NDC by tech providers. A number of the industry's leading technology companies like ATPCO, SITA, and Farelogix which we’ll talk about below have worked with airlines to build NDC APIs for them.
NDC by airlines. Many airlines embarked on offering NDC APIs themselves. These include Lufthansa, British Airways, Flydubai, Air France-KLM, Singapore Airlines, and others.
Now, let’s reference some key APIs you can try for NDC.
Amadeus provides NDC capabilities in their Enterprise subscription, via XML/SOAP APIs. Upon establishing this integration, you’ll be able to:
- search for NDC flight offers and combine them with non-NDC content;
- get prices and enable users to customize flights;
- create bookings (orders) and generate booking references (PNRs); and
- handle payments and ticket issuance.
Currently, you can search for and book rich content from American Airlines, Singapore Airlines, Air France-KLM, and Qantas (the last is still in piloting mode.) More carriers are to be added soon — including British Airways, Iberia, United Airlines, LOT Polish Airlines, and Cathay Pacific. Note that some carriers require separate seller agreements to deliver NDC offers.
Sabre provides NDC connectivity via Offer and Order APIs. Yet, to use them you need special credentials, so contact your Sabre Account Representative for assistance. Once you gain access to NDC-enabled APIs, you’ll be able to
- shop for airline NDC and non-NDC air offers (including LCC flights), hotels, and car rentals;
- validate prices;
- create, view, change, fulfill and cancel orders (the API doesn’t support ancillaries though); and
- refund tickets where fare rules allow for this.
Depending on a specific airline, you can get rich content and personalized bundles. While carriers push their offers in XML – which is what NDC requires – Sabre provides the REST/JSON interface for using them.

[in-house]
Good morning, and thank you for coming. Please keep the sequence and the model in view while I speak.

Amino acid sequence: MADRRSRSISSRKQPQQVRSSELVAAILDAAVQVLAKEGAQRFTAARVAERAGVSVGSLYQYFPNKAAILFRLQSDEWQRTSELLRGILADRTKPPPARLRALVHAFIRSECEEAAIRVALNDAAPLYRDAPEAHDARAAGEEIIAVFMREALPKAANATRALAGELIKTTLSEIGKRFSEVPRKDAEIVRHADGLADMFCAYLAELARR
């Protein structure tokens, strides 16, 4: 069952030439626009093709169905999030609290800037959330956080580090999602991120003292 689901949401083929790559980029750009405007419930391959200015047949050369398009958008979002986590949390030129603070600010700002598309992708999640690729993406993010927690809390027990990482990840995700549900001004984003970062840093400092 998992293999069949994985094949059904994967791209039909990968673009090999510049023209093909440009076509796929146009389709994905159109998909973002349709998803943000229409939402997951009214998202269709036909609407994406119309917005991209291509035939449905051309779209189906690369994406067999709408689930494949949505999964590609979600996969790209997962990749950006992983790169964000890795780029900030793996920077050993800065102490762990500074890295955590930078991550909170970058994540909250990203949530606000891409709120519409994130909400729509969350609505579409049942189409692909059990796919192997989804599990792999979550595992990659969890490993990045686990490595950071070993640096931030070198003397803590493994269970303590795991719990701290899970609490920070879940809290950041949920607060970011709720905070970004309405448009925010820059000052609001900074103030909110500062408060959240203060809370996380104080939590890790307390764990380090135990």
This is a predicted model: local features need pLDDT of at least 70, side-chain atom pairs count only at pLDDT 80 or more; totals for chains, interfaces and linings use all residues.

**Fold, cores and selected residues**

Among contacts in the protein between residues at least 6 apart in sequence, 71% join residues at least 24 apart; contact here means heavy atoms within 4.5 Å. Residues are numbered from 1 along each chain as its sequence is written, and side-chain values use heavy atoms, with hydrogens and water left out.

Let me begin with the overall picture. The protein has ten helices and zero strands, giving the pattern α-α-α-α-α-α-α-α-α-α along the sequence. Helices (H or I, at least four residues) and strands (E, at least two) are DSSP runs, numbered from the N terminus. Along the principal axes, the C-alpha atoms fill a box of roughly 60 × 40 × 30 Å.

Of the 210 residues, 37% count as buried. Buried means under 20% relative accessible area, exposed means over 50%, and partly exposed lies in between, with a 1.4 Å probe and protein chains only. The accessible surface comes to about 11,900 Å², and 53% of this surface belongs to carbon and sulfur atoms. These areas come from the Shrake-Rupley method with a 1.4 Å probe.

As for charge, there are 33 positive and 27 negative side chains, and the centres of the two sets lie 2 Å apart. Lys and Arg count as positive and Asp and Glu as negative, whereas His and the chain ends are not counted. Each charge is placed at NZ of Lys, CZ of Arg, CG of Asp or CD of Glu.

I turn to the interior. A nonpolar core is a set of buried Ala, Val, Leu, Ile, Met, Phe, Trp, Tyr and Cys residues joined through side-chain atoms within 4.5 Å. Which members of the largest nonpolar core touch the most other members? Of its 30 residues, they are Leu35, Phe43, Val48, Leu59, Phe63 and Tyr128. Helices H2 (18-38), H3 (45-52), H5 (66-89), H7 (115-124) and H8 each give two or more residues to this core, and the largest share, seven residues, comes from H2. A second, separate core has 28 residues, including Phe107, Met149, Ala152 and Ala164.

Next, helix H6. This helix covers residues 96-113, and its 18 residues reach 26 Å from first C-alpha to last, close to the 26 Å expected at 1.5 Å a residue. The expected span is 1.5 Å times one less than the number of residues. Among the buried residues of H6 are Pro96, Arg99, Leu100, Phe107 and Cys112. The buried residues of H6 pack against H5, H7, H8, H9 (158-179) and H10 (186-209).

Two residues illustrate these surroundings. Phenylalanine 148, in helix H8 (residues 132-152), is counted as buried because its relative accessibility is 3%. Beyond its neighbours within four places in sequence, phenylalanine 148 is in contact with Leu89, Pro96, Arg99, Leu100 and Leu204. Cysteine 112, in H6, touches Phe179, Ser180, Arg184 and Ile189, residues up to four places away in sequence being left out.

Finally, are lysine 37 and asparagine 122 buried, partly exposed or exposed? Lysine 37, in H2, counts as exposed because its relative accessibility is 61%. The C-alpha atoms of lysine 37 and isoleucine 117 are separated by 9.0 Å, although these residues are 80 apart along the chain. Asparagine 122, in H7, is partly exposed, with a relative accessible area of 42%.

Keep in mind that NDC-enabled APIs are in development and as of this writing they only work with rich content from Avianca Group, Qatar Airways, Qantas, Singapore Airlines, and United Airlines. The NDC connection with American Airlines is expected to go live in April 2023.
Travelport made NDC content accessible via their Air APIs, in addition to standard GDS offers.
Currently, only four carriers have NDC integrations with the GDS — namely, American Airlines, Qantas, Singapore Airlines, and United Airlines. To shop and book NDC offers, you have to negotiate this type of connection with both Travelport and the airline itself. The NDC will empower you to
- shop for different air products including branded fares (net fares are accessible via GDS connection only) and ancillaries (paid bags, carbon offset, etc.);
- confirm pricing for air search results (required for LCCs and some NDC carriers);
- retrieve frequent flyer details (available for Qantas only),
- reserve paid seats during the initial booking session;
- create reservations and issue tickets during the initial booking session;
- modify a passenger name (for American Airlines only) and itinerary; and
- void, cancel, exchange, and refund tickets.
NDC APIs here support both XML and JSON formats being also RESTful.
ATPCO Routehappy content and NDC